The Consumer Reports Index’s past 30-day retail measure halted four straight months of decline, ticking upward to 9.2 from 8.7 a month earlier. Among the retail categories the Index tracks, the gain was driven primarily by a large seasonal rise in the major lawn and garden equipment category, and a small uptick in major appliances. The Index also shows that consumers are still not comfortable with robust spending. Planned spending for the next 30 days, reflecting potential June activity, is at 6.0, its lowest level since first measured in April 2009.

The Consumer Reports Index’s trouble tracker measure focuses on both the proportion of consumers that have faced difficulties as well as the number of negative events they have encountered. The negative events include the inability to pay medical bills or afford medication; missed mortgage payment; home foreclosure; interest-rate increase, penalty fees, reduced lines of credit or other changes in credit-card terms; job loss; reduced health-care coverage; and, the denial of personal loans.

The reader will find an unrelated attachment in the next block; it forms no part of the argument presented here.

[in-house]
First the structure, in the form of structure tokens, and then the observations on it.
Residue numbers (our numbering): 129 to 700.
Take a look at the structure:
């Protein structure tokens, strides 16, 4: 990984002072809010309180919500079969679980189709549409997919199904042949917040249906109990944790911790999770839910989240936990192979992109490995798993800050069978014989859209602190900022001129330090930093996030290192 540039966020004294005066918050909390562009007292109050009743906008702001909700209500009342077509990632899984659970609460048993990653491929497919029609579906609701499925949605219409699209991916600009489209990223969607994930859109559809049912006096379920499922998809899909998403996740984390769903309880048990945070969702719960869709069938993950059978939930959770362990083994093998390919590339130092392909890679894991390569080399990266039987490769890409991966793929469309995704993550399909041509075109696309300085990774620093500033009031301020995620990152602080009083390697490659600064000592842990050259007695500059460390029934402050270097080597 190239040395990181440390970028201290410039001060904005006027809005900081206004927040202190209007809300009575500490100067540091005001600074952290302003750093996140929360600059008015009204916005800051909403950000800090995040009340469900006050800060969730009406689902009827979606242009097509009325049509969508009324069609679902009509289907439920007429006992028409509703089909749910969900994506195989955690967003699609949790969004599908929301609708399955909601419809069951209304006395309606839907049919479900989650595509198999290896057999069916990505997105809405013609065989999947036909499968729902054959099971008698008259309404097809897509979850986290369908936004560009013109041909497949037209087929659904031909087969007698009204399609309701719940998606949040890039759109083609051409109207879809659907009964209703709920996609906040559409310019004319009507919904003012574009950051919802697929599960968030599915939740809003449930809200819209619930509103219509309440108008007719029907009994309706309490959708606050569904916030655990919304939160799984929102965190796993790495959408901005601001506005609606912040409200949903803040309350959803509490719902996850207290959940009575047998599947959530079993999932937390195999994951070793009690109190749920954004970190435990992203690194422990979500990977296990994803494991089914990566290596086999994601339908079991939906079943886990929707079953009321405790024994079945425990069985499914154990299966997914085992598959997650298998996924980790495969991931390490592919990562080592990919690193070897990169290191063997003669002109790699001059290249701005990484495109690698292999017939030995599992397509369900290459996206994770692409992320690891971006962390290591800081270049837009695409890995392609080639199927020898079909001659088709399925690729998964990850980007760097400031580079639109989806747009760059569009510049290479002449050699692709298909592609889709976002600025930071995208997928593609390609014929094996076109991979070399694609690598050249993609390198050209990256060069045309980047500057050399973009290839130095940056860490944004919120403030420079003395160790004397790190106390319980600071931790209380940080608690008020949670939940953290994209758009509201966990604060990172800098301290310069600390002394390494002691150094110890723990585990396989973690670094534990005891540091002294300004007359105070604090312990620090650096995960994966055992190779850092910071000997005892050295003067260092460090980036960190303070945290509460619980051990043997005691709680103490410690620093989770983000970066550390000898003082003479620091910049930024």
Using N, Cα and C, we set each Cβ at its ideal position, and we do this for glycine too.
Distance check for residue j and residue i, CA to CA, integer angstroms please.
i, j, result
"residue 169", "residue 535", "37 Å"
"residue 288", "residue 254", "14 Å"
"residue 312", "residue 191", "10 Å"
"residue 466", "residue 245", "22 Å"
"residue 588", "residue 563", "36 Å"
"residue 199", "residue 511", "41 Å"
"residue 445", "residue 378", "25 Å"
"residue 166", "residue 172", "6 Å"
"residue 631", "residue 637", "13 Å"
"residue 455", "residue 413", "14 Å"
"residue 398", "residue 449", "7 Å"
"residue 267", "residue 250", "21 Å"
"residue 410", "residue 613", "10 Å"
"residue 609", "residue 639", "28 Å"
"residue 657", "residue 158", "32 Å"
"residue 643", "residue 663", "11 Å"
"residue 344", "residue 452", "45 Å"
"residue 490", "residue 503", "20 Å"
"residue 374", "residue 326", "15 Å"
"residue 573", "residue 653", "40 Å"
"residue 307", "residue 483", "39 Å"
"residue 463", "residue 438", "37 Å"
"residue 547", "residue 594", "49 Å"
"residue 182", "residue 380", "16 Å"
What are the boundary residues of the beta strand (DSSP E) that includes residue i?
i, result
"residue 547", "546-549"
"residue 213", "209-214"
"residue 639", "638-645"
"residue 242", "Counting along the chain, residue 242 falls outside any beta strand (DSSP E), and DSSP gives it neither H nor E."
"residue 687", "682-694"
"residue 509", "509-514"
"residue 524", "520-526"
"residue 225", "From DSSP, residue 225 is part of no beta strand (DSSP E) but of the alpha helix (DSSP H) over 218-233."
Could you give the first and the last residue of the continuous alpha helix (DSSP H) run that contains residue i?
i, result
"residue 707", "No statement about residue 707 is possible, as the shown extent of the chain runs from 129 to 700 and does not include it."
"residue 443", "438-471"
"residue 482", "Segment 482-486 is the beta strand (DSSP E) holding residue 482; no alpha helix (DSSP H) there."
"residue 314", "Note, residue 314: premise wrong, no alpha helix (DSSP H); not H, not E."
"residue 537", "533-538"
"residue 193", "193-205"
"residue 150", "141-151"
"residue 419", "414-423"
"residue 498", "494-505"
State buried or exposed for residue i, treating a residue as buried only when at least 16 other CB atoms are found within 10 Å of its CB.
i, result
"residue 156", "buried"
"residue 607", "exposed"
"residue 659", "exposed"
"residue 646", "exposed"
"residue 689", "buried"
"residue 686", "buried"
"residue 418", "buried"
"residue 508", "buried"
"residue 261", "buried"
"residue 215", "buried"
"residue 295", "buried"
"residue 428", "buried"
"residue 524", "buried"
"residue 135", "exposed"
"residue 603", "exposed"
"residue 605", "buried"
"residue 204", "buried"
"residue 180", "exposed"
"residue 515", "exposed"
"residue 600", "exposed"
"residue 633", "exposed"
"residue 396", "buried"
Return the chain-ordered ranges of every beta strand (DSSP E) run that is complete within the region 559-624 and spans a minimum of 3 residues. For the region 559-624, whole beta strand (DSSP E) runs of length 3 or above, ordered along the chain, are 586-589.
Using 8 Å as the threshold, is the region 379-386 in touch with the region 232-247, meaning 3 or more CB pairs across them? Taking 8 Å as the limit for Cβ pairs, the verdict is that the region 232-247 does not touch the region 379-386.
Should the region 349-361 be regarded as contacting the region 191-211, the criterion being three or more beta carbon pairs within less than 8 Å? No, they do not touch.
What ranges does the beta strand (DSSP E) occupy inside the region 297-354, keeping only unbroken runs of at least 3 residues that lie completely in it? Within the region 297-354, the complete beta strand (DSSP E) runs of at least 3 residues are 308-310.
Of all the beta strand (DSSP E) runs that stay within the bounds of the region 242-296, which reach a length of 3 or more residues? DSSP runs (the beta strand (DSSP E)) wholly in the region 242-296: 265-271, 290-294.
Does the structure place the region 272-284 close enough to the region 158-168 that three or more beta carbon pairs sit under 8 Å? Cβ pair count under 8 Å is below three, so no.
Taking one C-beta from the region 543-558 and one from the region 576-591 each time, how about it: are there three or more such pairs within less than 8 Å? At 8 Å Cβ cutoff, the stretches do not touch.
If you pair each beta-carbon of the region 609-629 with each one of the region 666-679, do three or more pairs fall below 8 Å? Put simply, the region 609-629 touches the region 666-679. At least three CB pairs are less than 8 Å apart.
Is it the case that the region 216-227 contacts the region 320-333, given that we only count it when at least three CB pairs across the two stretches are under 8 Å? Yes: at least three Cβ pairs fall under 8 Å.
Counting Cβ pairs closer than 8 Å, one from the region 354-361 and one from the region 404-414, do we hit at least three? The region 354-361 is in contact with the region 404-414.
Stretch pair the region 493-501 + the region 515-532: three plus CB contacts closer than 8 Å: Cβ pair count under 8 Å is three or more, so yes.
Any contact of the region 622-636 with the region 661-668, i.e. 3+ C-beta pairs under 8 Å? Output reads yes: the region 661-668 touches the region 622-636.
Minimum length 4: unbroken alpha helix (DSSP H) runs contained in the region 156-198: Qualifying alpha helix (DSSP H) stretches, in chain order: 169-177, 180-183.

The Consumer Reports Index is a monthly telephone and cell phone poll of a nationally representative probability sample of American adults. A total of 1,018 interviews were completed (668 telephone and 350 cell phone) among adults. Interviewing took place between May 30 and June 2.


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Band-Aid, Neosporin celebrate 125 years of the first aid kit

BY Michael Johnsen

SKILLMAN, N.J. — The topical healthcare brands of Johnson & Johnson Consumer Companies, including Band-Aid brand adhesive bandages and Neosporin products, on Tuesday celebrate the 125th anniversary of the first aid kit. In 1888, J&J pioneered the first commercial first aid kits, which were originally designed to help railroad workers care for the wounds and injuries they received from laying railroad track. To commemorate this milestone, the brands have launched a new campaign to help educate consumers about the importance of first aid preparedness.